The following is the second summary of major stories moved by Yonhap News Agency on Tuesday.
(3rd LD) New virus infections bounce back on imported cases, community spread still at large
SEOUL -- South Korea's new virus cases bounced back Tuesday due mainly to a surge in imported cases, with most traced to sailors on a Russia-flagged ship docked in the southeastern city of Busan. The spread of the virus in the Seoul metropolitan area and outside the capital continued.
The country added 46 cases, including 16 local infections, raising the total caseload to 12,484, according to the Korea Centers for Disease Control and Prevention (KCDC).
S. Korea calls on UNESCO to mull canceling Japanese industrial sites' World Heritage designation
SEOUL -- South Korea has called on the U.N. cultural agency to consider removing Japanese industrial revolution sites from the World Heritage list, the foreign ministry said Tuesday, in a bid to pressure Japan to keep its pledge to honor wartime forced labor victims.
On Monday, Foreign Minister Kang Kyung-wha sent a letter to UNESCO Director-General Audrey Azoulay to make the request, as Japan failed to deliver on its promise to ensure that a newly opened information center on 23 Meiji-era sites offer explanations on the forced labor issue.
(LEAD) After choppy session, Seoul stocks end higher on eased Sino-American trade woes
SEOUL -- South Korean shares traded higher Tuesday on eased concerns related to the U.S.-China trade dispute. The Korean won rose against the U.S. dollar.
After a choppy session, the benchmark Korea Composite Stock Price Index (KOSPI) added 4.51 points, or 0.21 percent, to close at 2,131.24. Trading volume was high at about 906 million shares worth some 13.3 trillion won (US$11 billion), with losers outnumbering gainers 586 to 262.
Ex-MLB player Kang Jung-ho apologizes over DUI cases, begs for chance to play in KBO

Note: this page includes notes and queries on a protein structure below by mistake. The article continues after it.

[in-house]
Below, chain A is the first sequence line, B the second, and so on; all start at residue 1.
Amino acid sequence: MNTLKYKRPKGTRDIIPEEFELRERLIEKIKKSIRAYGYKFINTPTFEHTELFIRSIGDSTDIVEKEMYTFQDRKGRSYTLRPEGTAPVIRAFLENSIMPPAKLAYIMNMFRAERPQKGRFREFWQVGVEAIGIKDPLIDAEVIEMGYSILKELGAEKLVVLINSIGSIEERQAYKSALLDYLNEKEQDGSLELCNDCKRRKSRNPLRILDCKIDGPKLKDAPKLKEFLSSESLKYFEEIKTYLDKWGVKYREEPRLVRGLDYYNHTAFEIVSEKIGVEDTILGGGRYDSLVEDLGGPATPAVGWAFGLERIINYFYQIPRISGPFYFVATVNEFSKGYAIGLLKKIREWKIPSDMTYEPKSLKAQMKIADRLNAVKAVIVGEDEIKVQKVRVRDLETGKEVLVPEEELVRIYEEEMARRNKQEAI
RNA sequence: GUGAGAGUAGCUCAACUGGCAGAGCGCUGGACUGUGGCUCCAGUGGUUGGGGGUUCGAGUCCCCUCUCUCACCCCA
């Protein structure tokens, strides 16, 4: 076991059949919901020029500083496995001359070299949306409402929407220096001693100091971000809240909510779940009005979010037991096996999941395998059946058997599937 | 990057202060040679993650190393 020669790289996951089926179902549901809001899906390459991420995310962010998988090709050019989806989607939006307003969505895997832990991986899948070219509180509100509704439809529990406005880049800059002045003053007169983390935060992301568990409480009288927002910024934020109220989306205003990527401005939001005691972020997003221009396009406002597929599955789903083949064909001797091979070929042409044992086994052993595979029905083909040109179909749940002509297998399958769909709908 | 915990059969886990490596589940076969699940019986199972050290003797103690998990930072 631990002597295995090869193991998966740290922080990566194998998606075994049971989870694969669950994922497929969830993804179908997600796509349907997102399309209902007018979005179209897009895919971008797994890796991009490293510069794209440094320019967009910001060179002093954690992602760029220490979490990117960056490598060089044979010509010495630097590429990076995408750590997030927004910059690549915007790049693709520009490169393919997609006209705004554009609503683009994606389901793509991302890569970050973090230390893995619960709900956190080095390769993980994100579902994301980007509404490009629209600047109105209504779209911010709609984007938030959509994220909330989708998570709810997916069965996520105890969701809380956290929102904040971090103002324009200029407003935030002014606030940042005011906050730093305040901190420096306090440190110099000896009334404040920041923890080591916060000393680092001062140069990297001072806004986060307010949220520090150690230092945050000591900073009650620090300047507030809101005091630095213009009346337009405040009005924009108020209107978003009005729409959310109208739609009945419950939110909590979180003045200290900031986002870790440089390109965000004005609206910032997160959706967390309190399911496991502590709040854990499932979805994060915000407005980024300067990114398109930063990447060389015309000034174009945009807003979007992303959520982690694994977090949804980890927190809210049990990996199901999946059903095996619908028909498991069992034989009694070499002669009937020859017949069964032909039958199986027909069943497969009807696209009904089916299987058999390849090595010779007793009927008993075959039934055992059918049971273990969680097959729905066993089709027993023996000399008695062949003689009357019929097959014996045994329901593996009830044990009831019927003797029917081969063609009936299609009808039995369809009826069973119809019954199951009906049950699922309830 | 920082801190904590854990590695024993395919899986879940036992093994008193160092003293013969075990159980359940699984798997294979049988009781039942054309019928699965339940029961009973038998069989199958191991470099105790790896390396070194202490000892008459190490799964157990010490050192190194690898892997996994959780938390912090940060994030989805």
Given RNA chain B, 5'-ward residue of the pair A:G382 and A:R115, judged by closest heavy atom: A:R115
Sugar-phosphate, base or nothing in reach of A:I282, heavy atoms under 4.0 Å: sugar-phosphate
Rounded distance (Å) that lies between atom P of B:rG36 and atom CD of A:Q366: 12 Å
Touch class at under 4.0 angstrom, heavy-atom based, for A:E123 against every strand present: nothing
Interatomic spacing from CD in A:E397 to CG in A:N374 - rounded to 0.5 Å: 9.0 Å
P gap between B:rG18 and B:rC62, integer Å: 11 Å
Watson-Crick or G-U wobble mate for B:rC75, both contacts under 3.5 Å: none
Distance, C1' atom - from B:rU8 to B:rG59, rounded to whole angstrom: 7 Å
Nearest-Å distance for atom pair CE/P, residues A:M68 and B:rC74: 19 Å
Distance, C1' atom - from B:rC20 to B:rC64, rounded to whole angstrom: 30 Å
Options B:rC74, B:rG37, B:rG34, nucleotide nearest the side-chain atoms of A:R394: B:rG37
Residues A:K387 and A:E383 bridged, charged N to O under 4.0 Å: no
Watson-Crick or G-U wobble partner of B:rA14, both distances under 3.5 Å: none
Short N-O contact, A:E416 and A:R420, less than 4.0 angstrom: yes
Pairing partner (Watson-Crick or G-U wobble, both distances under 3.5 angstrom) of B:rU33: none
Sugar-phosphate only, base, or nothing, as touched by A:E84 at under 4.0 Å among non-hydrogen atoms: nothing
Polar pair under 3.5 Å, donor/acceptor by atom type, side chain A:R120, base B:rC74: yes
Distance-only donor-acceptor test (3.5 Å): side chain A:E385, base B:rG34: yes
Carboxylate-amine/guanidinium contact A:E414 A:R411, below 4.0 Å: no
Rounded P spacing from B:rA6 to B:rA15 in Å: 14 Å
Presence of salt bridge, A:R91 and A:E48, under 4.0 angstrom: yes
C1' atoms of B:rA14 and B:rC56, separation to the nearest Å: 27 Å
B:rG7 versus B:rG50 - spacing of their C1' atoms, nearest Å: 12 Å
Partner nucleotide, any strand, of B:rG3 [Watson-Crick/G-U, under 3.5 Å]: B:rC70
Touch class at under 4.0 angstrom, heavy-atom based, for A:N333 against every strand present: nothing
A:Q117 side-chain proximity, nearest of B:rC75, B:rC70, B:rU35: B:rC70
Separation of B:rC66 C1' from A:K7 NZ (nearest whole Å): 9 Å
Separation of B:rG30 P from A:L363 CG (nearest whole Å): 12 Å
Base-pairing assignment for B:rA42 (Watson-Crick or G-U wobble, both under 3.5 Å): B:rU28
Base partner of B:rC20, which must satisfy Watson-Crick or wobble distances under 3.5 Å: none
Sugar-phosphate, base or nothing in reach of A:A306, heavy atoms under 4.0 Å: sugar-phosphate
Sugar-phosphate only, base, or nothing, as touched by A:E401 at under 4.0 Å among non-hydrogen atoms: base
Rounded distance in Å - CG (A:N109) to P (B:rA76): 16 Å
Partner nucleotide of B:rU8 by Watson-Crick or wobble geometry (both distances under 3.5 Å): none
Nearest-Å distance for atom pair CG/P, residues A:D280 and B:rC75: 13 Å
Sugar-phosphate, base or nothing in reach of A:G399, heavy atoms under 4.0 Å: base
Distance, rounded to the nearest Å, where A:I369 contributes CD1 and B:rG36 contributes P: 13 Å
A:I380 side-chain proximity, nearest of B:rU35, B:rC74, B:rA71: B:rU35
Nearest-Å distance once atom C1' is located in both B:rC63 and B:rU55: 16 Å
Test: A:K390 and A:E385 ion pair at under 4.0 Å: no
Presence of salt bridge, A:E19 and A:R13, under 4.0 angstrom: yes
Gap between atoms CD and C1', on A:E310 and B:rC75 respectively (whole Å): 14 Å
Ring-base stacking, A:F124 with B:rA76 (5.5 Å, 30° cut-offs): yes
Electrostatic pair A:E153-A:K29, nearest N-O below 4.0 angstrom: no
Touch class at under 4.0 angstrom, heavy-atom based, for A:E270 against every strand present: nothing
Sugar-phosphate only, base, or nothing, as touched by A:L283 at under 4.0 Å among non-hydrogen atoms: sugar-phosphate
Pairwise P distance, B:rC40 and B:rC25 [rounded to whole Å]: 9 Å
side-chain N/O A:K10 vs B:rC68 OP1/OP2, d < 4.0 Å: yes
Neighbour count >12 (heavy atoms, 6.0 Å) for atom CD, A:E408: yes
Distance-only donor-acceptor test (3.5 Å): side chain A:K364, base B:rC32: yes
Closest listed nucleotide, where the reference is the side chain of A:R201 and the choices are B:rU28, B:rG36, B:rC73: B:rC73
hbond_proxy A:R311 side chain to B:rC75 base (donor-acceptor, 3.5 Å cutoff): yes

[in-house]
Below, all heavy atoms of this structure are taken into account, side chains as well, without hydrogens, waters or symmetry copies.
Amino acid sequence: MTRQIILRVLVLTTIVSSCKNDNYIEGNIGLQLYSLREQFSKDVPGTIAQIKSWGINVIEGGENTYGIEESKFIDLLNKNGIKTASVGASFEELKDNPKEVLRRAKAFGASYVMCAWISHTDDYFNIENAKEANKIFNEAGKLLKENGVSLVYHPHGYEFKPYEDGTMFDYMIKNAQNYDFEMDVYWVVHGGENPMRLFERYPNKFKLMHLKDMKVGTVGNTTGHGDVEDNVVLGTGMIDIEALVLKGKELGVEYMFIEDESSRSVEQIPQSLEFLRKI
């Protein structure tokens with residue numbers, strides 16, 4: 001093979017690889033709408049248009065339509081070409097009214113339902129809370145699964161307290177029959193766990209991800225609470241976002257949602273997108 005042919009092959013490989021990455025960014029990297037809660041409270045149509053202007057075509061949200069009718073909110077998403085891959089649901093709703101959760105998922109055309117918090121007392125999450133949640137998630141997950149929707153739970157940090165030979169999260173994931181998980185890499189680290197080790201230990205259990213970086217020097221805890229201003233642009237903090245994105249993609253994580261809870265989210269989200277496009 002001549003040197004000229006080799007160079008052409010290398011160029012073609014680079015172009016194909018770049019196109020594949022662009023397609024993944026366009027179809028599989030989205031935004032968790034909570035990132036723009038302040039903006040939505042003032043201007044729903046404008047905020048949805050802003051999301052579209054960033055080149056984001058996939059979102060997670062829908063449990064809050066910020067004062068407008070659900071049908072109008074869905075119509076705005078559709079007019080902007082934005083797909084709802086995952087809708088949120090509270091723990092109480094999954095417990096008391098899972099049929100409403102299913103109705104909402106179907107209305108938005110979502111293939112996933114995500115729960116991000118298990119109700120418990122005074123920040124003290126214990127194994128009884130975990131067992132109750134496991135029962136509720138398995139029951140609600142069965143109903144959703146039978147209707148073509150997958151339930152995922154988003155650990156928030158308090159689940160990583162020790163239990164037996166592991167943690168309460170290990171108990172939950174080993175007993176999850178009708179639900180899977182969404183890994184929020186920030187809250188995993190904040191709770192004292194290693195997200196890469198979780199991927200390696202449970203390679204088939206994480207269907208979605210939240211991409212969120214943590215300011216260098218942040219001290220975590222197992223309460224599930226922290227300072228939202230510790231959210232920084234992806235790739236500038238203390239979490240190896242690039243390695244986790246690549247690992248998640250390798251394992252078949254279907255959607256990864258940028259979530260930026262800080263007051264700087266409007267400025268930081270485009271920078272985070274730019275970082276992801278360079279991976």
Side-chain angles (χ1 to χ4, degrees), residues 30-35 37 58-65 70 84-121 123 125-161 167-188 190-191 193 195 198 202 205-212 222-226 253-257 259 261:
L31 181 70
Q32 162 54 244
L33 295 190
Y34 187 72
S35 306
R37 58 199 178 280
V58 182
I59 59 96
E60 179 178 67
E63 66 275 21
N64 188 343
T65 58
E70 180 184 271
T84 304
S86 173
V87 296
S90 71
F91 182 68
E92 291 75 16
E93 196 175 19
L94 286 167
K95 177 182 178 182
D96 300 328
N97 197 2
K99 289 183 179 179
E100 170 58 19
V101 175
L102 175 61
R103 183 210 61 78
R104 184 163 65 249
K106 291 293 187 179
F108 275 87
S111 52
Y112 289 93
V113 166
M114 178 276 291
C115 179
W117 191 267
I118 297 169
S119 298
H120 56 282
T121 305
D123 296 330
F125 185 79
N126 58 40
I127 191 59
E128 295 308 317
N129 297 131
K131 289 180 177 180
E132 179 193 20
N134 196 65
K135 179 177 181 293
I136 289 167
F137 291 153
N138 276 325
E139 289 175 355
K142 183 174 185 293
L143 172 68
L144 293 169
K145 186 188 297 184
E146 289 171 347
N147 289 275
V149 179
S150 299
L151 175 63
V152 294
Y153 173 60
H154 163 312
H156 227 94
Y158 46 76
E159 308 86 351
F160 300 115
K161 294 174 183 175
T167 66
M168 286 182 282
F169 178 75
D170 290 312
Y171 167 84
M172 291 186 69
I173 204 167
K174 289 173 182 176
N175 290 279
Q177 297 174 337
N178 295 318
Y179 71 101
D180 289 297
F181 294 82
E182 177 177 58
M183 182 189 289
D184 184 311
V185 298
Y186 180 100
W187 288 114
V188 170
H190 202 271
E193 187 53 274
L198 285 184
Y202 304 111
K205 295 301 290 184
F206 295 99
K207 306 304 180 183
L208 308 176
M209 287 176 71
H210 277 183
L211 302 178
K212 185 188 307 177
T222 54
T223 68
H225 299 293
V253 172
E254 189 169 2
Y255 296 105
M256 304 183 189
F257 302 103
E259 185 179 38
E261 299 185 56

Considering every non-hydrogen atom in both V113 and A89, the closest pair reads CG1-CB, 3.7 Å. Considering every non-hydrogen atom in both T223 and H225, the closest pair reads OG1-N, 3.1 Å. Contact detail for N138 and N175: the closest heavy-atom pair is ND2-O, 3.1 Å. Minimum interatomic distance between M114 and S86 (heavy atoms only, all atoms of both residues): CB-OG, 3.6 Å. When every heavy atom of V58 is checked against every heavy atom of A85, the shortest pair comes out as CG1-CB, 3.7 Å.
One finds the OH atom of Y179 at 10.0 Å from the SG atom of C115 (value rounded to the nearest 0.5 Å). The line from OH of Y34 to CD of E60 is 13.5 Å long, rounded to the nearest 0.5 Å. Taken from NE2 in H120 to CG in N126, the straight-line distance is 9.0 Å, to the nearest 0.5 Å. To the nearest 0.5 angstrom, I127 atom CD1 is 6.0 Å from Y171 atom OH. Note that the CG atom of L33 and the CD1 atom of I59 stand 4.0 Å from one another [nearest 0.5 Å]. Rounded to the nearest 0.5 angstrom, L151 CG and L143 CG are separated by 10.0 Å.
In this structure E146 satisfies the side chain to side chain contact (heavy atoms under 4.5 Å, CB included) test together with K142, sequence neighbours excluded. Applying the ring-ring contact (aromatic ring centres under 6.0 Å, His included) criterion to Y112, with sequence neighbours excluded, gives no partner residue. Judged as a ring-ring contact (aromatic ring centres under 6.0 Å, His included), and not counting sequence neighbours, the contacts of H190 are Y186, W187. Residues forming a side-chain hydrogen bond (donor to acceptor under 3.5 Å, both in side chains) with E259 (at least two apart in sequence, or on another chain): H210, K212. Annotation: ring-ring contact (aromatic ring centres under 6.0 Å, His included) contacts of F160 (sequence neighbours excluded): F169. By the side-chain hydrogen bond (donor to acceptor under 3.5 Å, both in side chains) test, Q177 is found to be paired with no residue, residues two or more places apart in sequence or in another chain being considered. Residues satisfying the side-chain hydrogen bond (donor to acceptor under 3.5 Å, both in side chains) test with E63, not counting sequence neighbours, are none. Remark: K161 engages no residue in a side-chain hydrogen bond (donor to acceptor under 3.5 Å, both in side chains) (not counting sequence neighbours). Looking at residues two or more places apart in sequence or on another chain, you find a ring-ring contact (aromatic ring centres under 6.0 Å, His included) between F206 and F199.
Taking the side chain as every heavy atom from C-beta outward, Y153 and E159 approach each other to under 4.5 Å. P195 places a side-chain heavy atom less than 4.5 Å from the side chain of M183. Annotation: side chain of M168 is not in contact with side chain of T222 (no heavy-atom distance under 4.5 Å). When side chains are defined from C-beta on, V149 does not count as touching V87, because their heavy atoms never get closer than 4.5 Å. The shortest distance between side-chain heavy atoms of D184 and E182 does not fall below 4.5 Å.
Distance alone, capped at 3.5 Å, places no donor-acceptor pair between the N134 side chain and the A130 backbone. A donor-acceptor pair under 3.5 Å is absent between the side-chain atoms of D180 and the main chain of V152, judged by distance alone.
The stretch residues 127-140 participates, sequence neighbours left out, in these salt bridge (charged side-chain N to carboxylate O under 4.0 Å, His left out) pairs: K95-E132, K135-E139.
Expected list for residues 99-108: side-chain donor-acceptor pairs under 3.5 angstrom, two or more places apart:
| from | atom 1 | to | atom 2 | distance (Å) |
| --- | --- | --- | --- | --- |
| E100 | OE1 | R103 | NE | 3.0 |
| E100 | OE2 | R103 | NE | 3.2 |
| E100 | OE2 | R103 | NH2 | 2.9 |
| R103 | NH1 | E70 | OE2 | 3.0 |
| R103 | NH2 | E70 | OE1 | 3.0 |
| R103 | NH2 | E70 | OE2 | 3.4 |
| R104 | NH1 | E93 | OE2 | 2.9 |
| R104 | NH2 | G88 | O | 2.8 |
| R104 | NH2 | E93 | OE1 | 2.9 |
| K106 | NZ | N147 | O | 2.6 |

SEOUL -- Contrite over his past drunk driving arrests, former major leaguer Kang Jung-ho apologized for his actions Tuesday in his bid for a return to the South Korean league.
"I know that no word can ever wash away the things I did, and I deeply regret my wrongdoing," Kang said at the start of a press conference at a Seoul hotel. It was his first public appearance since returning from the United States on June 5. He spent the next 14 days in government-mandated quarantine amid the coronavirus pandemic.
Samsung heir makes another on-site visit amid uncertainties
SEOUL -- Samsung Electronics Vice Chairman Lee Jae-yong on Tuesday made his third on-site visit in less than 10 days to check the company's future strategy amid global uncertainties.
Lee, the de facto leader of the top conglomerate Samsung Group, discussed the tech giant's business strategy with senior executives at its home appliance business division in Suwon, just south of Seoul.
(LEAD) Moon says revision of labor laws crucial for ILO conventions
SEOUL -- President Moon Jae-in emphasized the significance Tuesday of revising South Korea's major labor-related laws to allow the jobless and dismissed workers to join unions and improve the overall rights of employees here, as the government is pushing for the ratification of some key conventions of the International Labor Organization (ILO).
He was speaking during a weekly Cabinet meeting held at Cheong Wa Dae, according to presidential deputy spokesman Yoon Jae-kwan.
Exhibition kicks off in honor of foreign Korean War veterans
SEOUL -- An exhibition of photos and paintings opened Tuesday in gratitude for foreign soldiers who fought in the 1950-53 Korean War as part of events to commemorate the 70th anniversary of the outbreak of the conflict, the veterans affairs ministry said.
An opening ceremony took place at Incheon International Airport, the main gateway of South Korea, which will be followed by openings at the War Memorial of Korea in Seoul and the United Nations Peace Memorial Hall in the southeastern city of Busan through November, according to the ministry.
Shincheonji to donate blood plasma of 4,000 members recovered from COVID-19
SEOUL -- Shincheonji, a minor religious sect, said Tuesday that it will donate blood plasma of thousands of its congregants who have recovered from the novel coronavirus to support the development of a vaccine or drug to treat the virus.
"The government has helped us a lot, having our followers treated," a Shincheonji official said. "Now we think it is time to do something. So we've decided to donate blood plasma of our recovered members."
Moon wraps up Europe visit highlighted by G-7 summit, upgraded ties with Austria, Spain
Underdog's ascent to PPP leadership mirrors young voters' frustration with political establishment
Lifting of U.S. missile restrictions signifies Seoul's missile sovereignty, Washington's China strategy: experts
Moon-Biden summit agreement broadens alliance amid Sino-U.S. rivalry
Korean firms set to make splash with massive US investment plans in line with bilateral summit